20 comments… add one
  • john personna

    That last line is pretty odd.

    You know that new engineering graduates command the highest starting salaries of any major, and you know that people like software engineers are aggressively thinned over the years.

    So, obviously the field commands pay, but it isn’t enough to learn once and be done.

    A 50-something engineer has to be as aggressive about learning popular new tech as a 20-something. Sitting on a tech, hoping a niche will last (or worse yet, come back) puts people in the long-term unemployed.

  • I have no idea how to solve this problem and I especially see no way that spending more on education will address it.

    Labor market scarcity. Get these people into jobs. Count on employers offering incentive for these drop-outs to learn job-related skills by enrolling in adult-education classes as a means of qualifying for jobs which require a more developed education and skill set. How to increase labor market scarcity, you may ask? I’m sure that you know my answer already.

    When you subtract the relatively small number of those who graduate with medical degrees, those who graduate with law degrees from the top 15 law schools, and a very few others, the expected earnings for somebody with a college degree isn’t a great deal different from those of a high school graduate.

    This methodology correlates education content with labor market rewards and it discounts the labor market rewards to those who earned degrees in disciplines which present no labor market demand. What labor economists have discovered is that once cognitive abilities are entered into the mix, the value of a degree which doesn’t generate any knowledge desired by the labor market is substantially reduced. So if the labor market premium for a college degree is inconsequential, then a rational response would be to devalue the degree and find methods to recognize the attribute for which the degree is acting as proxy. This would get people into the workforce 4 years sooner and decrease the debt burdens of preparing to enter the workforce. Some vested interests though will find that this optimization procedure will work against their rentseeking interests.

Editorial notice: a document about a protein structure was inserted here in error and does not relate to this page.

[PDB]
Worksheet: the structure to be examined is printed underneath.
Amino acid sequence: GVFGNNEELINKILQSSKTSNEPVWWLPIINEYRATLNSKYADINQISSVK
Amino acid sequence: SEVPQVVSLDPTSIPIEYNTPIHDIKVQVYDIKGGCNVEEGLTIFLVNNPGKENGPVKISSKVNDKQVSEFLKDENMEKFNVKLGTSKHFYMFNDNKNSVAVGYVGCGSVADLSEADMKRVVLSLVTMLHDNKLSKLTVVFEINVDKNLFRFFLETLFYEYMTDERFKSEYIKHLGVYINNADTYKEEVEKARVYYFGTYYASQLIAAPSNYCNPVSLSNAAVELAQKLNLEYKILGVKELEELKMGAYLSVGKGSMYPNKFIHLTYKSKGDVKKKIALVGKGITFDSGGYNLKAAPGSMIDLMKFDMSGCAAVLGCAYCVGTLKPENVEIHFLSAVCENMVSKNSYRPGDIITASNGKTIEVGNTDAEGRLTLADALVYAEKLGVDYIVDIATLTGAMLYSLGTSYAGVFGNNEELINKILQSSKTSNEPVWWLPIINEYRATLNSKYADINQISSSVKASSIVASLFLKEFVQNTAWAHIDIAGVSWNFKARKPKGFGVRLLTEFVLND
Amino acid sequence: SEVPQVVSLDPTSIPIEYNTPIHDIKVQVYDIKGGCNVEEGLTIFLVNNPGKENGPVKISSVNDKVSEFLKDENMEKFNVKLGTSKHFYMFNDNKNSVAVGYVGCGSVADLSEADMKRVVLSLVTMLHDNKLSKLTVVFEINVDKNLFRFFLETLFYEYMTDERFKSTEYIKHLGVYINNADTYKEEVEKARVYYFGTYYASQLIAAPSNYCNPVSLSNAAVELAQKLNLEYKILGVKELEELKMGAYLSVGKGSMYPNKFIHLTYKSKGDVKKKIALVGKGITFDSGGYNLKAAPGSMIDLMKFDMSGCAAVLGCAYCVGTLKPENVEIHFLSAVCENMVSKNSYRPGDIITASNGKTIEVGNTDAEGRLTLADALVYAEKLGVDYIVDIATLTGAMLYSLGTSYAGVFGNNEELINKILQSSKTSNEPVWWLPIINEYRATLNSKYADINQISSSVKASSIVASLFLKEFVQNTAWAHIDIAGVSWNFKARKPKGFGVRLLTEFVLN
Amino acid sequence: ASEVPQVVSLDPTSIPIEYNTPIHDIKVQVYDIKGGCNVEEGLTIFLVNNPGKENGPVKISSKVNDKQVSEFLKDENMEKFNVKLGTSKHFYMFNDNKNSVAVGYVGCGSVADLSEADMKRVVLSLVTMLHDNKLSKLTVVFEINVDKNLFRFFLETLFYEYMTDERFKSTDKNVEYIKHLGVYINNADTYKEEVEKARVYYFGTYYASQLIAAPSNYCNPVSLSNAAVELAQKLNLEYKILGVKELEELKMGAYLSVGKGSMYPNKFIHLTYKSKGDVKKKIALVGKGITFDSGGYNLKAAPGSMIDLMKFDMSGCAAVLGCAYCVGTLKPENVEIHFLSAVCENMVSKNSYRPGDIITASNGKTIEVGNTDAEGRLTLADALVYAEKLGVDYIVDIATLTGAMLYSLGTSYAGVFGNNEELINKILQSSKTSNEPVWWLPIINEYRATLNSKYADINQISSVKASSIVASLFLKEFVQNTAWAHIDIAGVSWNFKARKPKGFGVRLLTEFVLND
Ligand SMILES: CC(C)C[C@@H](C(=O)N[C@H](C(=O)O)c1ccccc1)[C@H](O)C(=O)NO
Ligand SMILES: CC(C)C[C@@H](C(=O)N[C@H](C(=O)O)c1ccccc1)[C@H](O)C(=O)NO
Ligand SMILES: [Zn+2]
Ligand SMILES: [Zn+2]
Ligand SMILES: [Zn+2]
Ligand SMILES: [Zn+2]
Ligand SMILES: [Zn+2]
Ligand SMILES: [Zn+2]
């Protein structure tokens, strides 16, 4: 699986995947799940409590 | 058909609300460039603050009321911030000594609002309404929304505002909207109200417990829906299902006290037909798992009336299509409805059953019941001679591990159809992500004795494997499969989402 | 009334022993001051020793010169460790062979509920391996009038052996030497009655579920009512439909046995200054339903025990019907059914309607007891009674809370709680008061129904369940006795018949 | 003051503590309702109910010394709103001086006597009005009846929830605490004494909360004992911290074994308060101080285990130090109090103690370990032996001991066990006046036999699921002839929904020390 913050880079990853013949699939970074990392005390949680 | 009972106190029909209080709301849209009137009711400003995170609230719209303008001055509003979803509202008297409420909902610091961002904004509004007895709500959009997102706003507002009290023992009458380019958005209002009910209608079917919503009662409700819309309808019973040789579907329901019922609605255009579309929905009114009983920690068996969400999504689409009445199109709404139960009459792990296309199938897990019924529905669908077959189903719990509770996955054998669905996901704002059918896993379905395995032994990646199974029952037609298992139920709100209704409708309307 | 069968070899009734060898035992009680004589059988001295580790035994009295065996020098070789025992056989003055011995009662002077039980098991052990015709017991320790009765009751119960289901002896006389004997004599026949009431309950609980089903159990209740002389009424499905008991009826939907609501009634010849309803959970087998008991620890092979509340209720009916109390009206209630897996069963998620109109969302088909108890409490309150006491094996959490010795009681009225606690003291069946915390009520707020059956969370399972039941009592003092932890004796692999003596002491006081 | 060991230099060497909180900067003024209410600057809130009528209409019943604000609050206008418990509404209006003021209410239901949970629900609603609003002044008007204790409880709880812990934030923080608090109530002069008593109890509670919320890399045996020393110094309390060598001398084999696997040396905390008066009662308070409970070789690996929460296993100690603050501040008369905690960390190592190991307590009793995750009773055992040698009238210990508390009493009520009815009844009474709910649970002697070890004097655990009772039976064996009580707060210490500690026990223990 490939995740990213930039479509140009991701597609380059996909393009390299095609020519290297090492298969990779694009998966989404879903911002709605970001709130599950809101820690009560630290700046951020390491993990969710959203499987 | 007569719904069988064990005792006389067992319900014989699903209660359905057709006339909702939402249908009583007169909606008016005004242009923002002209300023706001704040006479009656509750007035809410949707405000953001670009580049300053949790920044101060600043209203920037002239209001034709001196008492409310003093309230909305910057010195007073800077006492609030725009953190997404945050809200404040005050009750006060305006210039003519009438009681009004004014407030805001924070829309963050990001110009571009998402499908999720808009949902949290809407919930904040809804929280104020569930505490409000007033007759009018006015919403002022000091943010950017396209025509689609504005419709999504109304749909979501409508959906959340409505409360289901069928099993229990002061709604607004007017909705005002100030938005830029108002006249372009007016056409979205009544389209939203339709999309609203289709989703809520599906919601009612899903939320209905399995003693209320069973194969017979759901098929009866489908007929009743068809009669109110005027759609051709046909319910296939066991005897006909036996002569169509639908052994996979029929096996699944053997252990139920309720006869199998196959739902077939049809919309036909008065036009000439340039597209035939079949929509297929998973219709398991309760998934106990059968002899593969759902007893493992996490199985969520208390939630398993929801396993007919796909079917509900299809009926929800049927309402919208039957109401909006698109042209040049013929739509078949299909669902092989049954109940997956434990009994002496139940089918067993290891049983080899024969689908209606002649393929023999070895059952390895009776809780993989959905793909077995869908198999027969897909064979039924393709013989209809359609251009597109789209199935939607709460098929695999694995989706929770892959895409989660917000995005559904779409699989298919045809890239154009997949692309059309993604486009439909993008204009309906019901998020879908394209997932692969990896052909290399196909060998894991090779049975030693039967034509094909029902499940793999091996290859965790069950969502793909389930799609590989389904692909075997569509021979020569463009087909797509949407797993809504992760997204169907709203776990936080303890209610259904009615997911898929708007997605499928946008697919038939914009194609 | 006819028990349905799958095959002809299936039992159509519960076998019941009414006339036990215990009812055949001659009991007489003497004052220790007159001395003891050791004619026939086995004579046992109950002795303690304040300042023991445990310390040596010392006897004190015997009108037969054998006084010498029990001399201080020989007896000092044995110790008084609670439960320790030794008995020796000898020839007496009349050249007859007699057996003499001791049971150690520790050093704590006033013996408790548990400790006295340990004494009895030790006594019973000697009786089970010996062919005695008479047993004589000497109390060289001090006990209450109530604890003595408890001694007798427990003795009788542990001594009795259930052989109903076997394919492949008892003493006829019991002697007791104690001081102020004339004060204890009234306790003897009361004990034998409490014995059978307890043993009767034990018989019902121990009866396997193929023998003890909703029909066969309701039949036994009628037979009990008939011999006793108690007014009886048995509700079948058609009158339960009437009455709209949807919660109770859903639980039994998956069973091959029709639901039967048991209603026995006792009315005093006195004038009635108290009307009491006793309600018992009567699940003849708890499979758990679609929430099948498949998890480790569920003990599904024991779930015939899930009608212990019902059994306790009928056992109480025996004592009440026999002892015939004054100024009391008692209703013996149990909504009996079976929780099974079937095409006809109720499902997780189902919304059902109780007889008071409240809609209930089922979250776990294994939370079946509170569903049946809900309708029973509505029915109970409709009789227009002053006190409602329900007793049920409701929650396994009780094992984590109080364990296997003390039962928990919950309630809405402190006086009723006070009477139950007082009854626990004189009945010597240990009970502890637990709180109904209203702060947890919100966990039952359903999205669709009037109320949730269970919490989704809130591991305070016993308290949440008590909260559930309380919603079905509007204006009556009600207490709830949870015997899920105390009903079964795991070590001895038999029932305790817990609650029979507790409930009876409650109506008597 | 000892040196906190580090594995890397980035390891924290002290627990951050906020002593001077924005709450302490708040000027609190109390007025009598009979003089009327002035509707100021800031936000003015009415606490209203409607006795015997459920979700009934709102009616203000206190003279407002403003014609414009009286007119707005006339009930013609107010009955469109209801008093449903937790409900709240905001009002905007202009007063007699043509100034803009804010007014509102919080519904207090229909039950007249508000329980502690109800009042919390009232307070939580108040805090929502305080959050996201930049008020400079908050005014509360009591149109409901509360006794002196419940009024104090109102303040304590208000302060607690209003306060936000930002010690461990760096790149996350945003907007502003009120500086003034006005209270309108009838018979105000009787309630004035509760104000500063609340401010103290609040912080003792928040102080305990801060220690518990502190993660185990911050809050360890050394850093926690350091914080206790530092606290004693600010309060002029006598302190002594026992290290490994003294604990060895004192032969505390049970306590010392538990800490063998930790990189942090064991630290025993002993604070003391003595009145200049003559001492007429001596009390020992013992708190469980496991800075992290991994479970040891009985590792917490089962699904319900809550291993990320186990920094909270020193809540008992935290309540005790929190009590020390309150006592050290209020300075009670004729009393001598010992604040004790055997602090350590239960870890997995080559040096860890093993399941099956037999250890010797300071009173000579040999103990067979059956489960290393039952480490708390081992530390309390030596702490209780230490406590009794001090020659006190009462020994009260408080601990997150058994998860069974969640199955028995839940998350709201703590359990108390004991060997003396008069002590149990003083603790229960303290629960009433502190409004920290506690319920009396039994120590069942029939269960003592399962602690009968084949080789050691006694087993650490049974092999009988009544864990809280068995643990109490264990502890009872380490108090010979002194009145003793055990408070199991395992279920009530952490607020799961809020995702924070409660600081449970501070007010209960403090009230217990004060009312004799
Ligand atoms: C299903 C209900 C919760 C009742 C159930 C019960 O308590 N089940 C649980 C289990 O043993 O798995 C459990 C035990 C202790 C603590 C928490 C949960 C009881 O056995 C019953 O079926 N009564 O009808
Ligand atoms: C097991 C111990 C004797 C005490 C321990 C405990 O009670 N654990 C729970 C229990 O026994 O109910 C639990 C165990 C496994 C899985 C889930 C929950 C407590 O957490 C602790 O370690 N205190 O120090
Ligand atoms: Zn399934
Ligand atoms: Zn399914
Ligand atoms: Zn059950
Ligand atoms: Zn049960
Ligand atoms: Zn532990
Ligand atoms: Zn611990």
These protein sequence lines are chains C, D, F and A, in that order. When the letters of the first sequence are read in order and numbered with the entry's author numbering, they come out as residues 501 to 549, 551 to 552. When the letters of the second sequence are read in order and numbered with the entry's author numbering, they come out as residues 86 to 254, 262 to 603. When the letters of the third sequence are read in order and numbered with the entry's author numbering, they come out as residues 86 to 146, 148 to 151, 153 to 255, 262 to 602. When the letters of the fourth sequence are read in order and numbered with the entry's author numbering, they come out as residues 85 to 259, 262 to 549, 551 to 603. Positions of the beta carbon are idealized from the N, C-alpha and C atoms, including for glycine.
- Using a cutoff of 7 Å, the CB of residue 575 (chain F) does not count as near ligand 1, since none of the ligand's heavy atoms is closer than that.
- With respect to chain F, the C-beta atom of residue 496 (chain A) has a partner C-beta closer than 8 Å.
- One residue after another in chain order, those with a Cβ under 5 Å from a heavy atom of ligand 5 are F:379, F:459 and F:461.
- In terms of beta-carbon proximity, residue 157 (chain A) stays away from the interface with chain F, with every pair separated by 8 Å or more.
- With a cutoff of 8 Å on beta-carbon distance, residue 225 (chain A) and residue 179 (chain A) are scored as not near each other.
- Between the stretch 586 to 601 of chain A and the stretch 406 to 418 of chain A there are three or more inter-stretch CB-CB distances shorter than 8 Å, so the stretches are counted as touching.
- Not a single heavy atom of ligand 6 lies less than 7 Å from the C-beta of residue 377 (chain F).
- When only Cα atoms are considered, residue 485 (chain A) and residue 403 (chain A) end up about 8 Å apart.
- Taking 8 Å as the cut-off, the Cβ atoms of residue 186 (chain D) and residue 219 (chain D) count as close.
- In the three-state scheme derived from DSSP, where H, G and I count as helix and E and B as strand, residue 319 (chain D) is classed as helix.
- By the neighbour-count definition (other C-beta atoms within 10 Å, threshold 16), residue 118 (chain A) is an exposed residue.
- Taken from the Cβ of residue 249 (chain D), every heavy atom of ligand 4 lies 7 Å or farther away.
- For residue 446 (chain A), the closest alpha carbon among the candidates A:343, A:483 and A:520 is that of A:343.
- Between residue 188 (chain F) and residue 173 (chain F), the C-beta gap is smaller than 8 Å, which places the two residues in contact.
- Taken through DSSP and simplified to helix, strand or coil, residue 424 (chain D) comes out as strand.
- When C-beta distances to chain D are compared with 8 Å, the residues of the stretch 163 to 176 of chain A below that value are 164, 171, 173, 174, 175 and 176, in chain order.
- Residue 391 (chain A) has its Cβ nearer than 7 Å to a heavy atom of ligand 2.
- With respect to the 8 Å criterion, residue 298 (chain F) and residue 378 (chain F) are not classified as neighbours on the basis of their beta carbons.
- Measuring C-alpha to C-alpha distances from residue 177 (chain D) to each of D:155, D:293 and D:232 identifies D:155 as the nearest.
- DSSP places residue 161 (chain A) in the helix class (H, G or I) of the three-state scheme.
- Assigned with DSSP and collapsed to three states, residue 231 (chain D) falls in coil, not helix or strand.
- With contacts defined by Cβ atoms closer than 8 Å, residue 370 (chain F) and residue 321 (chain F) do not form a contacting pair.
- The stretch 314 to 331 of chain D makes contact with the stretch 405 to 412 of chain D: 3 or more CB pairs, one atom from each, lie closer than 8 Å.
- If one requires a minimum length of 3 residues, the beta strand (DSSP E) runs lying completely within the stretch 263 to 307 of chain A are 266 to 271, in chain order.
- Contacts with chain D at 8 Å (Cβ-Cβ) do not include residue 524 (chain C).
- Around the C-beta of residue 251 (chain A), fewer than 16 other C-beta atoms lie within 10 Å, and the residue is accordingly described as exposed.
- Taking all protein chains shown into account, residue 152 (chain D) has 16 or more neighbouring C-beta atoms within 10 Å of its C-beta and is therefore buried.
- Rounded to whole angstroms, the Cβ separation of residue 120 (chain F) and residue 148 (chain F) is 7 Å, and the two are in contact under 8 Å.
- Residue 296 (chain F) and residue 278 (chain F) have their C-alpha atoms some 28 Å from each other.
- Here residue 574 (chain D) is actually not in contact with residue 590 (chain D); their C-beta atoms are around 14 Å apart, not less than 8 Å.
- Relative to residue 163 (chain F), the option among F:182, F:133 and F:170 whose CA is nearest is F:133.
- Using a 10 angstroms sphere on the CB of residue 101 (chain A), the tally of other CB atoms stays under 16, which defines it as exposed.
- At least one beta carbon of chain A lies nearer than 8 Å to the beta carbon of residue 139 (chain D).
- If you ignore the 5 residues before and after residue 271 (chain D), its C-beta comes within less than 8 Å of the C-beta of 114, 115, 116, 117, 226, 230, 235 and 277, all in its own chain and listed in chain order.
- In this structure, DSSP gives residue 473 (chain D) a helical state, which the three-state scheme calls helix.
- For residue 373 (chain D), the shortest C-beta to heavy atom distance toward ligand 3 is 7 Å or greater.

• Closed italics tag. Just in case.

  • michael reynolds

    Shorter Tango: Eliminate degree requirements, replace with IQ tests, this may screw minorities, yay!

  • If you’re worried about minorities you could advocate that strict quota laws be passed forcing employers to racially balance their workforce. Why not be upfront about your goal rather than trying to achieve it through the back door and imposing onerous costs and inefficient processes on society?

    This credential system that’s developed is a colossal waste of human and financial resources that makes us all poorer. The data on job placement of recent college graduates drive that point home. Do you really need a $40,000 student loan debt and 4 years of studying sociology in order to qualify for a job as a Walmart clerk? How is the nation better off by channeling young people down that track?

  • john personna

    “Do you really need a $40,000 student loan debt and 4 years of studying sociology in order to qualify for a job as a Walmart clerk? ”

    Four years ago this was an uncommon question. No longer.

  • Four years ago this was an uncommon question. No longer.

    There was plenty of talk about credentialism 4 years ago. There are a few factors which are relevant to your point.

    1.) Proportion of young people going on to higher education;
    2.) The ability of the job market to absorb new people.
    3.) Value creation by employees with higher education being a result of their education.
    4.) What is the value created by higher education?

    On point 4, the value perception that was created in the early 20th Century was that college education results in higher standard of living. This value perception is now being upended. Why is it being unended? This might be a partial answer:

    In fact, the variance of the unobserved sector specific skill now decreases in both the professional and service sectors, while increasing very slightly in the blue-collar sector. The addition of IQ into the analysis reduces the returns to education, particularly for 1992, so that there is virtually no appreciable increase in the return to education in either sector after controlling for IQ. The increasing return to education found in Table 6 is now picked up by the increasing return to IQ in the professional and service sectors.